Bilingual proposal draws fire

Hispanic education experts say shorter timetable detrimental

Hispanic education experts predict less learning and swollen dropout rolls with a proposal by Denver Public Schools to cut time in bilingual classes to three years for most students.

”Speed kills when people move students out of bilingual as quickly as possible,” said Rudolfo Chavez, a professor at the Bueno Center for Multicultural Education at the University of Colorado.

The proper aim of any bilingual program is to teach English, but five to seven years is the minimum for much success, said Chavez, a former president of the National Association for Bilingual Education.

The DPS plan appears ”to put kids in a sink or swim situation,” he said. ”Then they become at-risk and graduate to dropouts.”

A cornerstone of the proposal unveiled Thursday is for many students to switch to mainstream classrooms in three years. DPS officials say a concise time limit for students and teachers is necessary for higher achievement in a program that has not instilled much of a grasp of English in more than half its 13,625 students. Spanish speakers make up 87 percent of the program that many stay in for years even after learning English.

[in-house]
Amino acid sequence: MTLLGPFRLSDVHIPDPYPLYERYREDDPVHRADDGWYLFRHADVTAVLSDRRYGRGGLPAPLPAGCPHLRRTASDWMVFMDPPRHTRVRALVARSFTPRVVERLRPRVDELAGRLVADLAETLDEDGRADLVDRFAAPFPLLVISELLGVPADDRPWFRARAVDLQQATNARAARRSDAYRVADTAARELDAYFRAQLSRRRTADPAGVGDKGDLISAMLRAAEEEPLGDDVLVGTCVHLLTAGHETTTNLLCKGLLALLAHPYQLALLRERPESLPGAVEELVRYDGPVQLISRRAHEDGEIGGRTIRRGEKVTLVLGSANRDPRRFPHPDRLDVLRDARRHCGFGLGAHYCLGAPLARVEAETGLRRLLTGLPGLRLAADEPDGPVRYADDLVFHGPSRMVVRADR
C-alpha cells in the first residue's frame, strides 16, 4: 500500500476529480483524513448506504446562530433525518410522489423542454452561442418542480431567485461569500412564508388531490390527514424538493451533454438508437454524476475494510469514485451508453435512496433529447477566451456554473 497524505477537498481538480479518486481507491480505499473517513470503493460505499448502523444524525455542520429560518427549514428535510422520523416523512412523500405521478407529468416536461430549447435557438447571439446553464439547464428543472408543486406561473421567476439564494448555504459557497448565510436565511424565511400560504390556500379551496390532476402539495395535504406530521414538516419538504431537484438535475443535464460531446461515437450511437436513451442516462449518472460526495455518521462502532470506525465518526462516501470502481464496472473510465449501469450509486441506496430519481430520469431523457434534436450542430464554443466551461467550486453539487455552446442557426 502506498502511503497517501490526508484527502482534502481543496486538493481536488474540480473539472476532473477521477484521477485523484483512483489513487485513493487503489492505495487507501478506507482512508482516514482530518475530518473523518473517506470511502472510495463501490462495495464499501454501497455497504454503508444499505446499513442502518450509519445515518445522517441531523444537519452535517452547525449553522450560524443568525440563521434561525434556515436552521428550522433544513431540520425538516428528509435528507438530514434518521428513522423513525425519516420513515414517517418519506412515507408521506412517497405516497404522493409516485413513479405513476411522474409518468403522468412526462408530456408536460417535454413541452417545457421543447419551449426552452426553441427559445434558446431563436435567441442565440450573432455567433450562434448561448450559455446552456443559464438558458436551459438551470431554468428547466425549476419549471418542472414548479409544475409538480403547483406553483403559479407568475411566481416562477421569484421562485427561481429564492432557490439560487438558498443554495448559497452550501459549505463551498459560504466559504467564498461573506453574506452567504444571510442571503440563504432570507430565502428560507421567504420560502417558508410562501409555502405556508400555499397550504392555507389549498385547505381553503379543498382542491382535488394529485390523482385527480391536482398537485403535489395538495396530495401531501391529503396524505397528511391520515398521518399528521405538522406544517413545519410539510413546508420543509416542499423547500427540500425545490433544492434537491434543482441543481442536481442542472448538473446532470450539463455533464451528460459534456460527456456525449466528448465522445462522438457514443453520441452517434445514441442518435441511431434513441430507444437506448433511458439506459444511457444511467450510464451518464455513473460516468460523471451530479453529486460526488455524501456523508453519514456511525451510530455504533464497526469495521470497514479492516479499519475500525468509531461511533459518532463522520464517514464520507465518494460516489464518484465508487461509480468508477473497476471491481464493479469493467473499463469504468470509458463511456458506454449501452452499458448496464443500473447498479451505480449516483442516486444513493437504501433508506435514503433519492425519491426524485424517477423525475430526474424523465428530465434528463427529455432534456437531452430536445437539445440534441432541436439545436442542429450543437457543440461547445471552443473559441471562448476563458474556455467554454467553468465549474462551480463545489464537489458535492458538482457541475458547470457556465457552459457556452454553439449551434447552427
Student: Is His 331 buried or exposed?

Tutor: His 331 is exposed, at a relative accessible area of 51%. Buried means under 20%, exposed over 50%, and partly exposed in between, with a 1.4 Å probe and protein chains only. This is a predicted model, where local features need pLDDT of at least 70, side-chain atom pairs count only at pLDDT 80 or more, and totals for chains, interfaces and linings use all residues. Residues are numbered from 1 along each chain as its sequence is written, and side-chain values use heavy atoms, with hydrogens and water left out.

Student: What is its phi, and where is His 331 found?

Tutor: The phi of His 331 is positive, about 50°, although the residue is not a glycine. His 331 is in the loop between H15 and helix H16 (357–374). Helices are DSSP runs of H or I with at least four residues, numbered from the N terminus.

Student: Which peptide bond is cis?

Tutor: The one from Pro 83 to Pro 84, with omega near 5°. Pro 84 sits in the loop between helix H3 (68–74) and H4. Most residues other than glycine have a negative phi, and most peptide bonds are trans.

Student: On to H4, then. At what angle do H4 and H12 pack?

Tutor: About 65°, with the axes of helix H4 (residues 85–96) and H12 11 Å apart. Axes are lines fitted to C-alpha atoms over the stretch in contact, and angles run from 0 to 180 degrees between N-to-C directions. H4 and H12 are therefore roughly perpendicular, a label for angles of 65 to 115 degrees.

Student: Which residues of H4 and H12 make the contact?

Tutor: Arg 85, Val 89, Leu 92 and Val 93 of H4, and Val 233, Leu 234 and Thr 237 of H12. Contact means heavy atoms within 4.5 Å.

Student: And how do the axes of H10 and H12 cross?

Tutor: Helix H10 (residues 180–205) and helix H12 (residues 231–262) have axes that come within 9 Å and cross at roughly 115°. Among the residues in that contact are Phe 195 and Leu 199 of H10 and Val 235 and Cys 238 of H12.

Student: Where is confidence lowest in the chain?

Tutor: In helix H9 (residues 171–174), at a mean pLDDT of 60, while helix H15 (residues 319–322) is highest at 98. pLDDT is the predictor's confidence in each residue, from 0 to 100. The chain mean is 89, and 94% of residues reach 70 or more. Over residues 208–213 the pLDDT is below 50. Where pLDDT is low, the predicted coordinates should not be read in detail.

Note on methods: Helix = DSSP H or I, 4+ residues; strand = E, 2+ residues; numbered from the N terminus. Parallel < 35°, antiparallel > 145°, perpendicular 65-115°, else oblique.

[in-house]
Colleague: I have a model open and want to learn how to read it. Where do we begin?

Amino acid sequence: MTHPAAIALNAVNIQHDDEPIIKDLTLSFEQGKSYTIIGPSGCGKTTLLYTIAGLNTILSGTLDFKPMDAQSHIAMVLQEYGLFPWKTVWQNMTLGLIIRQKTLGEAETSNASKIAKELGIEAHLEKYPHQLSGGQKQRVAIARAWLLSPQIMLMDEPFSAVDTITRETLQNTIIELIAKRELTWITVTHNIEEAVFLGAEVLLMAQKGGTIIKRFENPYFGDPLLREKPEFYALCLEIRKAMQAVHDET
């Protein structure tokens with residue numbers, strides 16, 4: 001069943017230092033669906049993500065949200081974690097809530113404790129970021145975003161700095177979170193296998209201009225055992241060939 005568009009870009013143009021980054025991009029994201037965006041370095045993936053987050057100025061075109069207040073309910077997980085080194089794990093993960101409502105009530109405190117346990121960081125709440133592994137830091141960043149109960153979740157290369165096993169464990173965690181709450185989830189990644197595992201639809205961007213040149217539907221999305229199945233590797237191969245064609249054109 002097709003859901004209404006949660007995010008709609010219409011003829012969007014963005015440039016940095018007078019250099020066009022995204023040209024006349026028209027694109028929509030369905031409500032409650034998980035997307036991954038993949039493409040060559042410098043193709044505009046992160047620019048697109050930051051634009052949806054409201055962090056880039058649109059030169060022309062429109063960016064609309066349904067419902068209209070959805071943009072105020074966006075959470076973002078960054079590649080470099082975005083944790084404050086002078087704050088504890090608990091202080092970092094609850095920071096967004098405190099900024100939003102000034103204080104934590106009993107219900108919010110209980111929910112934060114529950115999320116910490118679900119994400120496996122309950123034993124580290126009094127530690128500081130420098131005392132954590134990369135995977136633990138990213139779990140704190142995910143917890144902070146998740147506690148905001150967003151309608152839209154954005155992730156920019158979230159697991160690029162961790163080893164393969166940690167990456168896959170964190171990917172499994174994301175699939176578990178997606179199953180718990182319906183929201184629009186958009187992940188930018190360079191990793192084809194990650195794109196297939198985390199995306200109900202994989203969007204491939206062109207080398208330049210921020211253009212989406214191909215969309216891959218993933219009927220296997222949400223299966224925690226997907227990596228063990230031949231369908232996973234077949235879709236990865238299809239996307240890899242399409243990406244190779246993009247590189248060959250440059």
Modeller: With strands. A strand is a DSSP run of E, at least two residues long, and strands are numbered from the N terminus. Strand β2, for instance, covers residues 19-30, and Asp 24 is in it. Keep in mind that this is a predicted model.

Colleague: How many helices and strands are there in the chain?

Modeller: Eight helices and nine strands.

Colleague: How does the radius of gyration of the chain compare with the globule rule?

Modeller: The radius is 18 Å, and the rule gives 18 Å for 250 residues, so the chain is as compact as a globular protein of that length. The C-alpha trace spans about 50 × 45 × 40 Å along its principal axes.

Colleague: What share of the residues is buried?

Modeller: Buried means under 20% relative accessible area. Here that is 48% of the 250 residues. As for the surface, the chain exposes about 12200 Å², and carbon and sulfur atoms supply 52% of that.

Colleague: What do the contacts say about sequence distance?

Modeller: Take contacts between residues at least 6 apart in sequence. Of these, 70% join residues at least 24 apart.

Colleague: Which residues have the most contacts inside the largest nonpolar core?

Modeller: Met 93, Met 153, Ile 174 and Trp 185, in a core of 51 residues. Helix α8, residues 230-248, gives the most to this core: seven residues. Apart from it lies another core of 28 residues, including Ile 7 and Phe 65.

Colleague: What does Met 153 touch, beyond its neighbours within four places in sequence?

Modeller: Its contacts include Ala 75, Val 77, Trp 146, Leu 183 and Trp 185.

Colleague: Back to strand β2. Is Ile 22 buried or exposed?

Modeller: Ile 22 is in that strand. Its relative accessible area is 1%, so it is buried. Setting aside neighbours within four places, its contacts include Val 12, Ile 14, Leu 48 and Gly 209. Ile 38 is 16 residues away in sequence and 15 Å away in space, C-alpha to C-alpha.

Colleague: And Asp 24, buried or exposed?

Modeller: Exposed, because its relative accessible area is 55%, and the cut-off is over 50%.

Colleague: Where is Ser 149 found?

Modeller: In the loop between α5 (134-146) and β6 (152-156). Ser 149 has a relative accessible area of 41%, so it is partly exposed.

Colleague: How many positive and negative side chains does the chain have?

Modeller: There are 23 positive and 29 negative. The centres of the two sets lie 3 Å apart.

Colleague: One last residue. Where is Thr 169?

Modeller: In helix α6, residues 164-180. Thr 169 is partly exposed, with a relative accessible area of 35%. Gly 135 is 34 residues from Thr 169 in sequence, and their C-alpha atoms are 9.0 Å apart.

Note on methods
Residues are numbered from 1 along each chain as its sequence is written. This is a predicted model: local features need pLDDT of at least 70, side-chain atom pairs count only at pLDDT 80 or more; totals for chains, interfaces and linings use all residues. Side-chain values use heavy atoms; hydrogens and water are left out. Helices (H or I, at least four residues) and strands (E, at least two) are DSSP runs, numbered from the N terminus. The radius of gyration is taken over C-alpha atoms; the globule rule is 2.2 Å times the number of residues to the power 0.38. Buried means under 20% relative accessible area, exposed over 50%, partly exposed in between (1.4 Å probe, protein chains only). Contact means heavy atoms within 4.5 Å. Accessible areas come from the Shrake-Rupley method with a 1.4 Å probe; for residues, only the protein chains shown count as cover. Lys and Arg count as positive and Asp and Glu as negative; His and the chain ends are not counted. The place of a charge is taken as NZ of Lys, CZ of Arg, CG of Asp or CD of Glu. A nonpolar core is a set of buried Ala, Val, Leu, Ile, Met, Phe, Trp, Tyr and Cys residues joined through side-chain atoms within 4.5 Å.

Officials estimate that as few as half the students can meet the three year deadline. And those who can transfer to a regular classroom would still receive any needed native language help.

”We’re setting expectations,” said school board president Sue Edwards. ”I think we’ve underestimated these kids and shortchanged them academically. ”

Other highlights of the plan include letting parents – not educators – decide whether to place their children in bilingual education, better monitoring of student and teacher performance, higher quality staff and additional money.

The Congress of Hispanic Educators won a federal lawsuit in 1984 that forced DPS to offer formal bilingual education. DPS officials hope the new plan will end court supervision.

Three 7 p.m. forums on the plan will be held: March 17, Manual High School, 1700 E. 28th Ave.; April 7, West High School, 951 Elati St.; and April 14, Lincoln High School, 2285 S. Federal Blvd.

But unless the Hispanic congress agrees with much of the proposal the court order will be tough to kill. Their representatives declined comment Friday.

To stress how serious the district is about English, the program’s new name would be the Department of English Language Acquisition.

”That’s offensive to the community,” said Kathy Escamilla, associate professor for language, literacy and culture at the University of Colorado at Denver. ”It says there is no value to any culture or language other than English.

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